Reference-count devices

Matt Dillon’s procured an initial patch moving the device system to a reference-count mode, plus other things detailed in his lengthy post, which I’ve copied in below.

“This patch is of ‘alpha’ quality, I expect to commit it (with further
work) in about a week. I would appreciate testing so I can be confident
that I’m not going to blow up the system when I commit this stage,
but nobody should install this alpha patch on a production machine.


This patch starts to move our device subsystem to a reference-counted
model and accomplishes certain pre-requisits to later work.

This patch:

* Simplifies device instantiation and resolution. makedev() has been
removed in favor of make_dev(), and udev2dev() will only create
new minor numbers, not new major numbers. The port dispatch is
now installed directly in the dev_t and the mess that figured out
what port to use has been removed. Finally, a d_clone function has
been added (replacing d_autoq which was never used). This function
is called whenever a new device structure is created, allowing
the device to populate device-specific fields when the device
structure is created rather then populating these fields at
device-open. This function will also (soon) allow the creation of
a device node to be vetoed.

Device fields are now sufficiently initialized when the device
structure is allocated such that we can remove NULL checks and other
special cases from the rest of the device path.

* Devices are created and searched for based on (devsw,major,minor)
instead of (major,minor). This allows us to overload device major
numbers. All such devices are accessible but only the devices
registered for userland access via cdevsw_add() are directly accessible

All devices in the system that failed to call cdevsw_add() now call
it. If you fail to call cdevsw_add(), your device will not be
‘visible’ (hooked in) to userland via /dev.

* The disk subsystem, which provides partition table management and
translation, now overloads the device major supplied to it by the
raw disk device and creates its own device which is distinct from
the raw block device. The raw block device’s devsw is hidden from
userland (not registered with cdevsw_add()).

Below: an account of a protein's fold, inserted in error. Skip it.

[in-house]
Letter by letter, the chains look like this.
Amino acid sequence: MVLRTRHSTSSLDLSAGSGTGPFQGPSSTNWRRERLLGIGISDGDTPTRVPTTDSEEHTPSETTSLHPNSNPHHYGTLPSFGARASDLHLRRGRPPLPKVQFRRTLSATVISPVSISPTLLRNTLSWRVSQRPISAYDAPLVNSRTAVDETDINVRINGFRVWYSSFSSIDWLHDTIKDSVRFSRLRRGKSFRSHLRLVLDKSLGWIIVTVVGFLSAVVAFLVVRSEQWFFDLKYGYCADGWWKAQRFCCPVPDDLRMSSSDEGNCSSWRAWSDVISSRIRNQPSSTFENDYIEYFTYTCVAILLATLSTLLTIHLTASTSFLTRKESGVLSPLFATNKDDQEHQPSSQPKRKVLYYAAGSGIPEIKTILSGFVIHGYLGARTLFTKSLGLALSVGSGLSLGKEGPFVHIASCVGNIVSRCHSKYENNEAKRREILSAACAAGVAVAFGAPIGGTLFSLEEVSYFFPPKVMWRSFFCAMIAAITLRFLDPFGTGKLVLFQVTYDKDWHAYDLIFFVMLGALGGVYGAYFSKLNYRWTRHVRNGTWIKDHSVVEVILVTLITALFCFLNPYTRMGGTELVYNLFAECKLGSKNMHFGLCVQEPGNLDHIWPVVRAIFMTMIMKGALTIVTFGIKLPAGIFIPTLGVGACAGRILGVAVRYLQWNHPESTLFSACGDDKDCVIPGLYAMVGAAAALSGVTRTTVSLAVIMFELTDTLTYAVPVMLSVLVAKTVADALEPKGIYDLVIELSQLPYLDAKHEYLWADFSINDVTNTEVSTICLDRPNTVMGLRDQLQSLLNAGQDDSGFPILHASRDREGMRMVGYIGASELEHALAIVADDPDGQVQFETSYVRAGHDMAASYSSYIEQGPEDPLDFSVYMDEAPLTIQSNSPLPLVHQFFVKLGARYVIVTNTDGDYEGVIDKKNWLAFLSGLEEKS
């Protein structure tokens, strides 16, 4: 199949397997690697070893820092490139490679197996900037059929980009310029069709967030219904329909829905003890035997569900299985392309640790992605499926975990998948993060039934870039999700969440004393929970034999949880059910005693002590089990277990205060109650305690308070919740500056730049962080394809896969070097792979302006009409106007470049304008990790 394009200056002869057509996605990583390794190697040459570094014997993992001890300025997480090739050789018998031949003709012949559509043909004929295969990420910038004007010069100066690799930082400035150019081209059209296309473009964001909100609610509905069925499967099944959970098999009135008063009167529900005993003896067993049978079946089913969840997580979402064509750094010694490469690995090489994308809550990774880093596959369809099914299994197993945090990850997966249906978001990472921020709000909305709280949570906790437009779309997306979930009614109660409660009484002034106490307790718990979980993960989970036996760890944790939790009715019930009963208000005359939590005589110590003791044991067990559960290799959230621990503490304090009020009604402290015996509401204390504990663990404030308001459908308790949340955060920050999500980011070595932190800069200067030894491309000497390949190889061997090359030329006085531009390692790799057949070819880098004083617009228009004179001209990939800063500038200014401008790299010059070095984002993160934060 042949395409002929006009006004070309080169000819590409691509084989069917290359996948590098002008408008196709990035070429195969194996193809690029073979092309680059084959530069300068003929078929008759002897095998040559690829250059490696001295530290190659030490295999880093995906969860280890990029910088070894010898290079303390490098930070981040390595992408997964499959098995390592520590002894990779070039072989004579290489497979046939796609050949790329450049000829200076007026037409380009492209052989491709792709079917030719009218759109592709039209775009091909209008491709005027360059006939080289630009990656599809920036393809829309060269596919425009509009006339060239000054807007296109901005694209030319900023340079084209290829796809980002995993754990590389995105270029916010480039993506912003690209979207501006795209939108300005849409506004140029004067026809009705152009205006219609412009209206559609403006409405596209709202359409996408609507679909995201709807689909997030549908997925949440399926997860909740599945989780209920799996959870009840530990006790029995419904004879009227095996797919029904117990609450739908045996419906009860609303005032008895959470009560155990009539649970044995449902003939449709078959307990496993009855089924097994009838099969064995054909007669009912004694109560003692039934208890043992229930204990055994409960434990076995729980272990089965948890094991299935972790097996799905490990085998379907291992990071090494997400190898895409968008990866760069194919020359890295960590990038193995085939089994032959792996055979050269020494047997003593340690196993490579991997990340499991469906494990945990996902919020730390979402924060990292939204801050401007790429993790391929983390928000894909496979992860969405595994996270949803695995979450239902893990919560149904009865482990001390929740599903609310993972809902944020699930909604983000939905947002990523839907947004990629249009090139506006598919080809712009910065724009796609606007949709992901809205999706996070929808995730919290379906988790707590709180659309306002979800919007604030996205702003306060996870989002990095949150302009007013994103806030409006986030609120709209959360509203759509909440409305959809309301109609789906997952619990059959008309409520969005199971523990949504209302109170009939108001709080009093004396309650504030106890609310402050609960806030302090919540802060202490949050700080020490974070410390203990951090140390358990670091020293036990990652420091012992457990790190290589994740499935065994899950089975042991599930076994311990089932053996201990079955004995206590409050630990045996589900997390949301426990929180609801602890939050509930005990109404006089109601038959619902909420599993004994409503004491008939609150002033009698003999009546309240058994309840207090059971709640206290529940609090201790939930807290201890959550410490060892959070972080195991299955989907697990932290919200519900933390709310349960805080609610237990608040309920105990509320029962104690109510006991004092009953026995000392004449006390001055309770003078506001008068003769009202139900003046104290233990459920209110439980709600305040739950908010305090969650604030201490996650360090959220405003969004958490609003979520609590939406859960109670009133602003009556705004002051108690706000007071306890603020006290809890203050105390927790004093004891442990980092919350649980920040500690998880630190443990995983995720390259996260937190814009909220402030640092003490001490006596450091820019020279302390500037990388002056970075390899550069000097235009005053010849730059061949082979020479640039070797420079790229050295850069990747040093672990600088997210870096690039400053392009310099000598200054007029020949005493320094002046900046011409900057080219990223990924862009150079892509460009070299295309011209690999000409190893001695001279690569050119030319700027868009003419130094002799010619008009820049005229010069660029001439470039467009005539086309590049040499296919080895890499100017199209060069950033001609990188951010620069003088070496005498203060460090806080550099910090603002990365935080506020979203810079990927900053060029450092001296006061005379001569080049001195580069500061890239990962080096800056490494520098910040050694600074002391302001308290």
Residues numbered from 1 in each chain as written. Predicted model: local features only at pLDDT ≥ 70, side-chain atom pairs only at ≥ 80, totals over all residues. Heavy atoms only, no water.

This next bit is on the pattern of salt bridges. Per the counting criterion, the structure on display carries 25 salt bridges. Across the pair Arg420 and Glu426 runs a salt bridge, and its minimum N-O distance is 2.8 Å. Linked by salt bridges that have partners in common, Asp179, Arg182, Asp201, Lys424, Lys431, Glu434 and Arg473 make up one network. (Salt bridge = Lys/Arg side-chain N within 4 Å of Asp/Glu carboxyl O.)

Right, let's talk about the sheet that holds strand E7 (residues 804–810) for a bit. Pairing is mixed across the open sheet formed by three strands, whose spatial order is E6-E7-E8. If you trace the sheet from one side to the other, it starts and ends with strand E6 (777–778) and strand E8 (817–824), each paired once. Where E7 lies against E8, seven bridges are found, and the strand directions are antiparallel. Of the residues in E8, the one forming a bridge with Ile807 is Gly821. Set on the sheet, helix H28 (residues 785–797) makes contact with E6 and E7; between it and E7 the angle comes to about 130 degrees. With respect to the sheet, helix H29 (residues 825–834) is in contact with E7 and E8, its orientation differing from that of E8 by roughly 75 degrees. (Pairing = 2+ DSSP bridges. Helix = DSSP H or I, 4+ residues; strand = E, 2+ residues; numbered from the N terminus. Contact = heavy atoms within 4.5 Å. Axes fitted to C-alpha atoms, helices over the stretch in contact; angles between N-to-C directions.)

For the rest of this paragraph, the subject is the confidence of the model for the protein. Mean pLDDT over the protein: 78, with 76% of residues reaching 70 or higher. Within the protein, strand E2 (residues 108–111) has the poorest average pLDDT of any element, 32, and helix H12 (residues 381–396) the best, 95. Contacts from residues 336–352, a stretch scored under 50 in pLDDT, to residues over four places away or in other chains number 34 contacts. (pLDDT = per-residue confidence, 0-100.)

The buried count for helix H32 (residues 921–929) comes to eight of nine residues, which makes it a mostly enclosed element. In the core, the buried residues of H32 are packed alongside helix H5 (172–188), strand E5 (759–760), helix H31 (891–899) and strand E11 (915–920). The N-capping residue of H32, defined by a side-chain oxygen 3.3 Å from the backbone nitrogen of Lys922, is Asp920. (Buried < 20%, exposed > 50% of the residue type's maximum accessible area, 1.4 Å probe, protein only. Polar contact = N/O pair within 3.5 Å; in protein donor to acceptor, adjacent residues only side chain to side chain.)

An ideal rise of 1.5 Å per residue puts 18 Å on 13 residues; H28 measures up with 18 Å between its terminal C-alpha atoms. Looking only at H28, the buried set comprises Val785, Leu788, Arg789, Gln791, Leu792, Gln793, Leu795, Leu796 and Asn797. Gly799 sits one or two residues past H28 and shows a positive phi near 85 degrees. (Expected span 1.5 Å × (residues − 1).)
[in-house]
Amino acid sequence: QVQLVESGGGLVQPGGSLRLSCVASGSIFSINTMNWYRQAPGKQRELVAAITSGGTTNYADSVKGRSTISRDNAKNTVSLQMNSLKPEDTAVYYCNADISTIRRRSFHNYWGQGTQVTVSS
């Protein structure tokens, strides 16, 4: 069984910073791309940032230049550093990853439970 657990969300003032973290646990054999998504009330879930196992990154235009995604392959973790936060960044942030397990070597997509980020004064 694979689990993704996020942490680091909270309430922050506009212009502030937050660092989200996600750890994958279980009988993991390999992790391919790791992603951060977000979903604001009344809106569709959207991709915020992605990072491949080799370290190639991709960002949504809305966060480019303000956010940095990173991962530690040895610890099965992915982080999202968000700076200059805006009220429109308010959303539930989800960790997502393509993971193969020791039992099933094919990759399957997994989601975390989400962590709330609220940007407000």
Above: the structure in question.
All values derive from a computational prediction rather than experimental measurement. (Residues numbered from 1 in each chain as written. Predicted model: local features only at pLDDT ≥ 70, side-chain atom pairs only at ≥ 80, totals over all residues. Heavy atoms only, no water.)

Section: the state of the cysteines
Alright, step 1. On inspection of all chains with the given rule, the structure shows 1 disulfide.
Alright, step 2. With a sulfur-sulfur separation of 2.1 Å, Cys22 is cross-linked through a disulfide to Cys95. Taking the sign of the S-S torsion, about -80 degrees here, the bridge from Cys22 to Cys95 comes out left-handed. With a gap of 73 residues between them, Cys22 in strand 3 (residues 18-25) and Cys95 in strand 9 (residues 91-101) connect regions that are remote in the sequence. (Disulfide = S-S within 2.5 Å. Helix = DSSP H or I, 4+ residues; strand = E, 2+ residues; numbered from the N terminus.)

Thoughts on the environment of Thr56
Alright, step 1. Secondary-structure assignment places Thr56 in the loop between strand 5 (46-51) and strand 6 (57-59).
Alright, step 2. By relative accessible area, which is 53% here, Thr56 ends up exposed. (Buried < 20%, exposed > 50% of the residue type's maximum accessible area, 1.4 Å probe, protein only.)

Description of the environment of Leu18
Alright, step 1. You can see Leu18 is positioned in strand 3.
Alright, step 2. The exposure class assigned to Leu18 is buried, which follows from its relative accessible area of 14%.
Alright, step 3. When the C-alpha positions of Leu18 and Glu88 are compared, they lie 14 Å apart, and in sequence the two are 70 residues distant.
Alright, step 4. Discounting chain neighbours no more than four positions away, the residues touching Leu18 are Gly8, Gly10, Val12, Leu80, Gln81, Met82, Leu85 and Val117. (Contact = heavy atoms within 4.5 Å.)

This means that the disk subsystem no longer needs to overload
fields in dev_t’s owned by the underlying raw block device which
in turn means that, theoretically, we can stack the partition manager
on top of any device that supports block operations.

This is a huge simplification over the ‘override’ mechanism that the
disk subsystem used before, which was not stackable.

* I’ve started ref-counting the dev_t and cdevsw structures. This
needs a lot more work, but it is a good start.

* struct buf’s b_dev field is now allowed to track the device through
translations. That is, when the disk layer translates an I/O for
execution by the underlying raw device it now sets b_dev to the
underlying raw device. This requires that b_dev always be initialized
prior to the initial dev_dstrategy() call. To enforce this behavior,
biodone() now setse b_dev to NODEV.

——- Future stages ——–

The following work is intended for future stages and not present in this

* Separate b_blkno and b_pblkno from the struct buf and place it in
an attached chain of structures which associate a device layer
with a cached block number. i.e. a chain of (dev_t, blkno) pairs.

This will allow us to arbitrarily layer devices and remove filesystem
block number special casing within the struct buf structure.
For example, we would be able to emplace a crypto layer in between
the disk layer and the raw device, and we would theoretically be
able to use a normal file (without the VN device) as backing store
for a ‘disk’ and even be able to cache the block translations for
the backing file itself along with everything else.

The caching of such translations through multiple layers will now be
possible, but not mandatory. A layer will be allowed to ‘replace’
an existing cache translation (by overwriting it with a new dev_t and
blkno) rather then add a new structure, and in fact will if chaining
structures are not readily available.

* Implement a userland block device facility. This would work much like
pty’s in that a userland process would be able to attach to one side
of the device while the kernel attaches to the other as a block device,
and requests will be passed back and forth to the userland process.

This facility would also be capable of ‘glueing’ a generic file
descriptor, such as a socket, regular file, or anything else capable
of stream or block I/O, to the backend side of the device.

Once we have a userland interface we will be able to write a crypto
layer, serializing log layer, snapshot layer, network backing store,
etc etc etc.